The motto of the National Guard—“Always Ready, Always There”—aptly captured the esprit de corps of the Illinois National Guard members who recently faced an adversary—invisible to the naked eye—unlike any others they had encountered in former missions. This past March, Governor J. B. Pritzker activated the Illinois National Guard in an historic effort: to establish the first State of Illinois drive-thru community-based testing site (CBTS) in Chicago in response to the COVID-19 pandemic. Lieutenant Colonel Brian C. Gahan (M.A.S. CHE ’02) oversaw the operation.
“I expected the call. The possibility of state activation had already been discussed, and there were prior calls requesting volunteers if needed,” explains Gahan, who joined the Illinois Air National Guard in 2006 and is now commander of the 182nd Medical Group, Detachment 1, serving out of Peoria, Illinois. “The process for activating members provided enough early warning that we are able to prepare ourselves. This activation was different in that medical personnel were targeted to be first out the door.”
Gahan visited the work site—a former Illinois vehicle-emissions testing facility and storage area—in Chicago’s Harwood Heights neighborhood on March 19 and on March 23, the CBTS began serving its first clients at 9 a.m. The physical setup was carried out by the Illinois Army National Guard’s 5th Civil Support Team, while Gahan’s group focused on how to best conduct a smooth operation that once set in motion, could stay in motion for an extended period and be replicated at other sites.
The CBTS initially opened its doors to symptomatic health care workers, first responders, individuals over age 65, and individuals with underlying health conditions, but by early June, offered testing to everyone. The quality of service and eagerness to, as Gahan describes, “stand up for those who could not stand up for themselves” by the Illinois National Guard team was a personal high point of the COVID-19 mission. With the operation’s singular aspect came unique obstacles.
“This was a challenging mission that presented a repetitive schedule, the risk of exposure and contracting disease, separation from family and friends, and the difficulty of adjusting to continual change,” Gahan says about his team, which is trained to respond to significant domestic emergencies that may occur in various contaminated environments, from chemical to nuclear to high-yield explosives. “Even though we learned how to operate in this environment, everyone handled it in their own way. What I observed were elements of ownership and leadership championed by many of our members throughout the mission. It was an amazing thing. The team became its own living entity that provided support from within, and never allowed a challenge to go unaddressed.”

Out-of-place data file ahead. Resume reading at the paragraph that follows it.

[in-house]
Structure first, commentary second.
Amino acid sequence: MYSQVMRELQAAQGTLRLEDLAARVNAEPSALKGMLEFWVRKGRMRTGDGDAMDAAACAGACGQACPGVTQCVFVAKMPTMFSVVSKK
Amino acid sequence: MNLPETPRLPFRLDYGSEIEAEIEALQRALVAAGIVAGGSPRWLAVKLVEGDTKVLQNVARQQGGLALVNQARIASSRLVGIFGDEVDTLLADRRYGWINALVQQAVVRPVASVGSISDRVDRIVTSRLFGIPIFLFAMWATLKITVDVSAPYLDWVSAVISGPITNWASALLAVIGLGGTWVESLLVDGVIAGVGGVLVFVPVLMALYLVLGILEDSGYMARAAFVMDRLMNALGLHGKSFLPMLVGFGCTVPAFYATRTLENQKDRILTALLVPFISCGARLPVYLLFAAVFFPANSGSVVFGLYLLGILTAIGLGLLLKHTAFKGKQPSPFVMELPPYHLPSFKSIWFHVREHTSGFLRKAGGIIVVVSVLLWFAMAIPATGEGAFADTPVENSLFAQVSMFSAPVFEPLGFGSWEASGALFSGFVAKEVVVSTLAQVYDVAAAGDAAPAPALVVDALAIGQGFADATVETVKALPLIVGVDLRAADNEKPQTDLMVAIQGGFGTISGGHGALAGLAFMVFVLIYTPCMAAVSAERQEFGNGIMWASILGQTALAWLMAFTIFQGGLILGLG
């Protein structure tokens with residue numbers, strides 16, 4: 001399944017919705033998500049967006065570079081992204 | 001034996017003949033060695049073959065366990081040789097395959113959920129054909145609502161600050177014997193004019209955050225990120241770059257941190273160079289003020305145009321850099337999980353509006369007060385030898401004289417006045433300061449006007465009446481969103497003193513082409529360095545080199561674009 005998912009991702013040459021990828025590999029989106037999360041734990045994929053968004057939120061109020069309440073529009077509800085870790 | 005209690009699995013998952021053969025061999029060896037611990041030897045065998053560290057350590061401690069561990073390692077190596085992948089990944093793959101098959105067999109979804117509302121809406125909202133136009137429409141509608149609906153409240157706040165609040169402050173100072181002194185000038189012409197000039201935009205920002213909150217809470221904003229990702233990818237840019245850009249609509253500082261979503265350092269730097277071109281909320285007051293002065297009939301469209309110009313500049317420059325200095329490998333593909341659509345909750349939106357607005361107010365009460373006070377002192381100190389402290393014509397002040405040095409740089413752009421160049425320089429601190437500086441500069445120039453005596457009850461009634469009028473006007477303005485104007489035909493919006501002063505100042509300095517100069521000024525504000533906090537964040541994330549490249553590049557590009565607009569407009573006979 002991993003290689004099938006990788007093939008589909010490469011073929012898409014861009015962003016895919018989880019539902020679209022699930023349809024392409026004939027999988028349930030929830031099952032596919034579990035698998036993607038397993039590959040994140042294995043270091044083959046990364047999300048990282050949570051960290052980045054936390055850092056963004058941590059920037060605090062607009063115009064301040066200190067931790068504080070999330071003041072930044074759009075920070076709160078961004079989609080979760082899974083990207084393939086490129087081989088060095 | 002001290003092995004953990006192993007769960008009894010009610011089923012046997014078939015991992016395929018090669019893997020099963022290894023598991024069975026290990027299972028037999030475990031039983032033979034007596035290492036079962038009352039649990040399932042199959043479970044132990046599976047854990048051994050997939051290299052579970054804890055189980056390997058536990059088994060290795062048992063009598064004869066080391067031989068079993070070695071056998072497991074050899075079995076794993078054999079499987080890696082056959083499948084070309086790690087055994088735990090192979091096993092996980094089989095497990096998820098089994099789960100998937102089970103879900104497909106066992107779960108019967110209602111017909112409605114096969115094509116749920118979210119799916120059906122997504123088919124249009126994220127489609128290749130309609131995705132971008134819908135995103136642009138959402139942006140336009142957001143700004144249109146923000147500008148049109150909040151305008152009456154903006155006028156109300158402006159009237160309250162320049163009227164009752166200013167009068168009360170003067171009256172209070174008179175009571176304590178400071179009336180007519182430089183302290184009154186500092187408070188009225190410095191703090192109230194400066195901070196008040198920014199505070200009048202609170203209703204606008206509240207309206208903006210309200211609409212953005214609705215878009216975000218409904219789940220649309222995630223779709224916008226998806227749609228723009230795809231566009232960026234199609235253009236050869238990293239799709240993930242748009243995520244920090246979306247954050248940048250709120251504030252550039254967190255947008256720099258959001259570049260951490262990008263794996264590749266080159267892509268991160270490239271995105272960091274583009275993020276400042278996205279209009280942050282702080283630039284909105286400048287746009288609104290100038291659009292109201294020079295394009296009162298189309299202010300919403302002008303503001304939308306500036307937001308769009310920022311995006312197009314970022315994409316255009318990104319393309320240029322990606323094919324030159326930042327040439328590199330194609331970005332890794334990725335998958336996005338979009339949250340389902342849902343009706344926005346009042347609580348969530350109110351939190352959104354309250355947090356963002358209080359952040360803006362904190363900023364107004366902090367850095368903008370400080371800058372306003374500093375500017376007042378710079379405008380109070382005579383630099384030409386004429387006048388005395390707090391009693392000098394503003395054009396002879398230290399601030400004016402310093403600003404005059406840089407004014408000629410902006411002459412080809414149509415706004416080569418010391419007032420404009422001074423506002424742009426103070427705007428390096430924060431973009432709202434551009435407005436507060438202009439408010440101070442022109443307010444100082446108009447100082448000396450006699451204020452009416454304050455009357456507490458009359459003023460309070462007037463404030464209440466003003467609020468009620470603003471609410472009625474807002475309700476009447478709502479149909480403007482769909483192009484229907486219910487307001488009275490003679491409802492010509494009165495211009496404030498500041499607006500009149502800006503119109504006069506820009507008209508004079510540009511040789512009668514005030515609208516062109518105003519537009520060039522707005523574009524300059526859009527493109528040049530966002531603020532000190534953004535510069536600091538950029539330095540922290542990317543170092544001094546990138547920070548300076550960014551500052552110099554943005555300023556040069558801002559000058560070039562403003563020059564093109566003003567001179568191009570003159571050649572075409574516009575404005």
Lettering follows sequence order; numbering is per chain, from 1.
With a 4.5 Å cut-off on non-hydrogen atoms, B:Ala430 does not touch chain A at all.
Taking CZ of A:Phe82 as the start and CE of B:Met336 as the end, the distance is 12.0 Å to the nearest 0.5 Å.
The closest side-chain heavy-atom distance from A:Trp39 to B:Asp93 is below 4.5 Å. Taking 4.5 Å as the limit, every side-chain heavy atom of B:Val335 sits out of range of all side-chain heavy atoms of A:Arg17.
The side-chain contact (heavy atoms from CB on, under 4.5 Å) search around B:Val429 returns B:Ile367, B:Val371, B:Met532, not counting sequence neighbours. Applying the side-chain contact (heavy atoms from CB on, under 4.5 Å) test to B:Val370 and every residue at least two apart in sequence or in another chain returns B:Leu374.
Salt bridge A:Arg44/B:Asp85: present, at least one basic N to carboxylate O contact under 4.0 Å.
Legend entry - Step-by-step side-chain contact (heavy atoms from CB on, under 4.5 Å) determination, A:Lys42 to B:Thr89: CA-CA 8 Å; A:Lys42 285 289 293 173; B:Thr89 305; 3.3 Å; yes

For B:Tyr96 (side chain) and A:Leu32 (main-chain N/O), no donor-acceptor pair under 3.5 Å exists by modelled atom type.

This overall excellence in leadership and service led Gahan to a U.S. Air Force commission in 2006. While his civilian career follows the energy sector, Gahan served full time in the U.S. Air Force for the past six years under the Office of the Inspector General. His inspiration to join was sparked after participating in a Civilian Orientation Cruise aboard the USS Enterprise aircraft carrier in 2000. The encounter presented the coordinated teamwork of the ship’s crew—5,000 members strong with an average age of 19. Many of those who served together to combat the coronavirus under Gahan’s leadership were not much older.
“People make the mission, and many times, the mission makes the people. We experienced a member, hospitalized and nearly taken by the disease, who fought back to recover, and get back on the line to help others. We overcame the daily assembly line of repetition that desensitized your awareness and orientation,” says Gahan. “There were community members that continually brought food and encouragement to the team, and gave us all inspiration to keep up our best fight. There were members of local and state first responders that treated us as their own. But in the end, the special story was the people, the team, the family. Although we conducted our training as military and civilian responders, we immediately shared the purpose of our calling.”
[Top Photo] An Illinois Army National Guard member assists a patient at the State of Illinois Harwood Heights Community-Based Testing Site
Photos courtesy of the Illinois National Guard